photographs by the author

Tuesday, April 26, 2016

Unlikely Survivors -- Nos. 354 and 355 Central Park West

While magnificent palaces facing Central Park rose along Fifth Avenue in the 1880s; Central Park West sat mostly undeveloped.  The problem was that land holders, sensing that the park-front lots would be highly desirable, priced them out of reach.  Somewhat unexpectedly, Riverside Drive became the West Side's mansion thoroughfare, instead.  

Along Central Park West first the Dakota, and then other scattered multi-family buildings were erected.  They sat in a half-built landscape of board fences and overgrown lots.   But in 1892 developer-builder Edward Kilpatrick made an exception by laying plans for five private homes—Nos. 351 to 355 Central Park West at the northwest corner of 95th Street.

Kilpatrick commissioned Gilbert A. Schellenger to design the row.  Like the other architects busy on the Upper West Side at the time, he turned to historic styles which he then liberally splashed with his own modern touches.  The resulting merchant-class homes, completed in 1893, were generally Renaissance-inspired.  The corner house, No. 351, stood out, being a story taller than the other four and grander with its impressive 95th Street entrance.

Nos. 352 through 355 were nearly identical, designed in an A-B, A-B pattern.  Each was accessed by a shallow stoop, about four steps tall, and featured a two-story faceted oriel.  Schellenger drifted into Romanesque Revival in Nos. 352 and 354 with arched parlor openings and medieval-style carvings below the bays.  Faced in beige Roman brick and trimmed in brownstone, the residences were light and cheery compared to the dark brownstone fronts of the previous generation.

The brick homes sat on limestone bases.  No. 351 at the corner hogged the attention.  photograph from the collection of the New York Public Library
Brothers Julius P. and James C. Cahen were among Kilpatrick’s first buyers.  The brothers were in business together, partners in J. P. Cahen and Brother.  Although their father, Dr. Salmon P. Cahen was a highly-respected physician and an officer in the West-Side German Dispensary; they opted for the silk trade.

On April 5, 1894 The New York Times reported that James C. Cahen had purchased No. 354 for $25,000 and that Julius had purchased No. 355 for the same price.  The newspaper may have simply gotten the address wrong; but Julius bought and moved into No. 353, on the south side of James, instead.  The brothers each paid the equivalent of $680,000 in today’s dollars.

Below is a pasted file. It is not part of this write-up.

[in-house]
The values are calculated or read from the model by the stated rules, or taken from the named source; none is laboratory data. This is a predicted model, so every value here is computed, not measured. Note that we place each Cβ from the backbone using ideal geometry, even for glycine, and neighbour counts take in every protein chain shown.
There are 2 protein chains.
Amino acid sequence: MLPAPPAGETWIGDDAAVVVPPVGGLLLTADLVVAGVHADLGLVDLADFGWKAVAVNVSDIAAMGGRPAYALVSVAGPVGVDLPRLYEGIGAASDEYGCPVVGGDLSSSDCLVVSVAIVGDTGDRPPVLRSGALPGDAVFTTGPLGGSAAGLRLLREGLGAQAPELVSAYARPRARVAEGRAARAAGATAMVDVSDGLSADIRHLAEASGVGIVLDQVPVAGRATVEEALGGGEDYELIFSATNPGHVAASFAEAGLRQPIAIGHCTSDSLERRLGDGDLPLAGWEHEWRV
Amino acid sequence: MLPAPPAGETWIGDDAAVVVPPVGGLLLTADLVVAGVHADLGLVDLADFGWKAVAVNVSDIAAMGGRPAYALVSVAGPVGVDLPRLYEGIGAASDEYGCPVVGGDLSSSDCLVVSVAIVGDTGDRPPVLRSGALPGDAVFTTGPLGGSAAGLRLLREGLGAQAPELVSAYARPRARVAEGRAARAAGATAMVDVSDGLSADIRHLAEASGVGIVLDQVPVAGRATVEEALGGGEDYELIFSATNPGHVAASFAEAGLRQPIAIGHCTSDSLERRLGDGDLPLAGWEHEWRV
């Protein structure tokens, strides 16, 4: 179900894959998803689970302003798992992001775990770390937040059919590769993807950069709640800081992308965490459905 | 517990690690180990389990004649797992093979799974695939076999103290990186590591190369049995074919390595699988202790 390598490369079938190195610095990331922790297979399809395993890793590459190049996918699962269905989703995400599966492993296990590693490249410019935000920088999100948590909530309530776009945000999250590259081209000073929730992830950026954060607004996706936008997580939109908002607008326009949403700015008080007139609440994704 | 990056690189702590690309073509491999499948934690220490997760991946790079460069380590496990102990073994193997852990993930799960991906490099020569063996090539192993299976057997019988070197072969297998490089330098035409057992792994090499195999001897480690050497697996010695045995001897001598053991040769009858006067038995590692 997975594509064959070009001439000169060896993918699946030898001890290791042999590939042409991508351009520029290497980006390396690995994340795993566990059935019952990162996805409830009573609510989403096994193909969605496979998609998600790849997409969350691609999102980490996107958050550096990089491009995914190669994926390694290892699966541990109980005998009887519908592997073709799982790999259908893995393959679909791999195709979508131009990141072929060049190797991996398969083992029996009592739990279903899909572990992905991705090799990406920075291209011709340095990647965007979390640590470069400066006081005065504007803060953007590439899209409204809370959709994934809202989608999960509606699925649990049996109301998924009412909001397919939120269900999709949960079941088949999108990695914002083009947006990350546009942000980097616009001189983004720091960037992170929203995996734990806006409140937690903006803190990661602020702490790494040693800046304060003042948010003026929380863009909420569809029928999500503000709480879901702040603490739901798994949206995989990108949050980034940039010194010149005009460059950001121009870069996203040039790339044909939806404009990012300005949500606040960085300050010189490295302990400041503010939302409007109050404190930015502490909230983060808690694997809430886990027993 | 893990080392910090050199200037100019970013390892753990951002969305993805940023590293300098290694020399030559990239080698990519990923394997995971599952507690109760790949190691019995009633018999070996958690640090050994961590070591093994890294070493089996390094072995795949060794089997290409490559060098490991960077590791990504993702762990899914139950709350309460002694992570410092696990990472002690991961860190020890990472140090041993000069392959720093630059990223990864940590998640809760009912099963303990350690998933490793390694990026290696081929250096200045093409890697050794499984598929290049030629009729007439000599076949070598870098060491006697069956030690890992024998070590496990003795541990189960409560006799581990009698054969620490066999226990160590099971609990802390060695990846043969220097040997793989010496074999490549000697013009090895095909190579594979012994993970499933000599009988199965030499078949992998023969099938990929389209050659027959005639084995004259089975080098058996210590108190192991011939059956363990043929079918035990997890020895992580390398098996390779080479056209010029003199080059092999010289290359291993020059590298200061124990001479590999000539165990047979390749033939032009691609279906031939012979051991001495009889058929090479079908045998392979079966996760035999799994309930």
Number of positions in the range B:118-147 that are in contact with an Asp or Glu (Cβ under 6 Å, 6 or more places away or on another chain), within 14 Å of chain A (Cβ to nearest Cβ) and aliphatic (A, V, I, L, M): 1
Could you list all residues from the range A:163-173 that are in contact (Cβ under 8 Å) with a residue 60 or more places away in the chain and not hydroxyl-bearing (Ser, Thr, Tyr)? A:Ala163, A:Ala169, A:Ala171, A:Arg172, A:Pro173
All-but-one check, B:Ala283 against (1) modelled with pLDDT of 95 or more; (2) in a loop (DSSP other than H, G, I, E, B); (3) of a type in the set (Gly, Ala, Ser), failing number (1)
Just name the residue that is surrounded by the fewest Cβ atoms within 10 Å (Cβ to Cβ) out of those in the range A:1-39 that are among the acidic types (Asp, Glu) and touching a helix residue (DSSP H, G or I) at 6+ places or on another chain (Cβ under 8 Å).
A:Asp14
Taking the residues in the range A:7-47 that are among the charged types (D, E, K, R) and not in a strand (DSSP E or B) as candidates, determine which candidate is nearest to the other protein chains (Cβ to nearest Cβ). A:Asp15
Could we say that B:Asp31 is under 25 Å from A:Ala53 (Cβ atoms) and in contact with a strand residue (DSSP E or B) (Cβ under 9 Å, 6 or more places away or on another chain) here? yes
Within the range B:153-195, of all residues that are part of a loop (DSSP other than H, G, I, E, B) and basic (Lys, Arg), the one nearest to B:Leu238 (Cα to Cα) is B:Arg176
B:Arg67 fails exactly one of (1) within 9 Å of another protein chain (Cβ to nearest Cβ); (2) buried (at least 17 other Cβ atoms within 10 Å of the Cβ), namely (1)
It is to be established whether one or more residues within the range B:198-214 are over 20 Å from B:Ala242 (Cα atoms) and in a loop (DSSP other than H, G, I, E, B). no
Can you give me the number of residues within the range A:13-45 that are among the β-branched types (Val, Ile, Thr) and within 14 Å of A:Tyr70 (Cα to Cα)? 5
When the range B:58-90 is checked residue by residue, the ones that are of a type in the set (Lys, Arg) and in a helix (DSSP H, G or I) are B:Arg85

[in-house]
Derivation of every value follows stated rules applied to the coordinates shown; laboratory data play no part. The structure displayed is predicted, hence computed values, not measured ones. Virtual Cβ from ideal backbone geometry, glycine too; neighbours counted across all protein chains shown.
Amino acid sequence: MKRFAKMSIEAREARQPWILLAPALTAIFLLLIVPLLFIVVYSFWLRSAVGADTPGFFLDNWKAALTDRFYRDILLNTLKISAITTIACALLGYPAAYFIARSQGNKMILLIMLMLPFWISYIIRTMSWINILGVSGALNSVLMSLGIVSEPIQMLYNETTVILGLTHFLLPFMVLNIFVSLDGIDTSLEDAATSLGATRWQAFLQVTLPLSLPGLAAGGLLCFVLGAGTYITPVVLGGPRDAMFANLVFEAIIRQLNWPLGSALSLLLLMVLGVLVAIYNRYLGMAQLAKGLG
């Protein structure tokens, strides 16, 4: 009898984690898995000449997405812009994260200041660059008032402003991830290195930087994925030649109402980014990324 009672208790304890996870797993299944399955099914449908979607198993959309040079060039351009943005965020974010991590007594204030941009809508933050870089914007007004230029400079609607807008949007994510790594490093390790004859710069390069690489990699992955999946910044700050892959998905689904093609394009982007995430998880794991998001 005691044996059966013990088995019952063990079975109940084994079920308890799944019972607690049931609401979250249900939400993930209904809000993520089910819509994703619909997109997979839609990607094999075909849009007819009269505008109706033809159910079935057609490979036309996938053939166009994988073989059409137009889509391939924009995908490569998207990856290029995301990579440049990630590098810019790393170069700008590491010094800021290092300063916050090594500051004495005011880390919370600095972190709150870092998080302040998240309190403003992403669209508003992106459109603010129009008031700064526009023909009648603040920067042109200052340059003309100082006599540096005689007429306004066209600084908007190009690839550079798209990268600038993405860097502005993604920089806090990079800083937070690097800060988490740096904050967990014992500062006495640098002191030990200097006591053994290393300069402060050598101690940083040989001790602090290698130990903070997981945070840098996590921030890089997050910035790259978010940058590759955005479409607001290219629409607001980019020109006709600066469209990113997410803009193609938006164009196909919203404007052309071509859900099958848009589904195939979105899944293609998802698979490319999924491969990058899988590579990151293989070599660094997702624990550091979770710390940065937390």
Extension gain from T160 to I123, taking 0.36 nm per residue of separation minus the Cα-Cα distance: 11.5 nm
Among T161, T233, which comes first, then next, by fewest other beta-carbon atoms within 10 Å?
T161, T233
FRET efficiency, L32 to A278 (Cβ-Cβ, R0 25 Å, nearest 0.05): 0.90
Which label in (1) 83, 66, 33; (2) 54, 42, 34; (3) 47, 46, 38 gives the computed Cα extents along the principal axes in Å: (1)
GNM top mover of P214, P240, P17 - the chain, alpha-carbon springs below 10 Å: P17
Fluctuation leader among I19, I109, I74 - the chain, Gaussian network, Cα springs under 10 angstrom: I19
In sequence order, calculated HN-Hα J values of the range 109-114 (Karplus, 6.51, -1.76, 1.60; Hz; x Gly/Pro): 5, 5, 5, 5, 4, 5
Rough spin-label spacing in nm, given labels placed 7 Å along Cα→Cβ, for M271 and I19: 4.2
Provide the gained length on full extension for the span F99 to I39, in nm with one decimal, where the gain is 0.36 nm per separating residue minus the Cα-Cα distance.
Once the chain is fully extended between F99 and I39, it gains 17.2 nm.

Purchasing No. 355, instead, was William F. Carroll and his wife, Catherine.  The title was transferred to Catherine C. Carroll on June 4 that year.  Carroll was active in real estate on the Upper West Side and it is unclear whether the couple lived in the house; or merely leased it.

In either case, the families in Nos. 354 and 355 Central Park West lived respectable and quiet lives in their 10-room homes.  Julius Cahen became secretary of the Board of Trustees of the West-Side German Dispensary (James was its president).  His wife focused her attentions on the New York City Mothers’ Club, rising to President in the first years of the new century.  The goals of the organization were “to promote the education of women in the wise care of children and to uplift and improve the condition of mothers in all ranks of life.”

The New-York Tribune ran a weekly column entitled “Things to Think About,” which presented readers riddles and puzzles to solve.  Those who sent in the solution would be rewarded with their names printed in the newspaper and their choice of a small prize.  One puzzle was related to “Little Men and Little Women.”  It was apparently a favorite pastime in the Cahen household.

On June 11, 1905 14-year old Harold A. Cahen won the prize for the previous week.  His little sister, Edith, who was five years younger, would get her share of the spotlight three years later.  On May 24 the Tribune reported “The neatest and best three answers were contributed by Edith R. Cahen, aged twelve years.”  It seems Edith was thinking of her brother when she chose her prize.  The newspaper noted that she “wishes a boy’s Tribune watch.”

By now the Carrolls were definitely leasing the house next door.  Despite an announcement in the New-York Tribune on June 4, 1902 that William had sold No. 355 to L. M. Aldrich; the deal was never completed.  In 1904 the house was being leased by Gerald Brooks, the son of Belvidere Brooks, general superintendent of the Western Union Telegraph Company; and by 1907 to newspaper broker William H. Gutelius.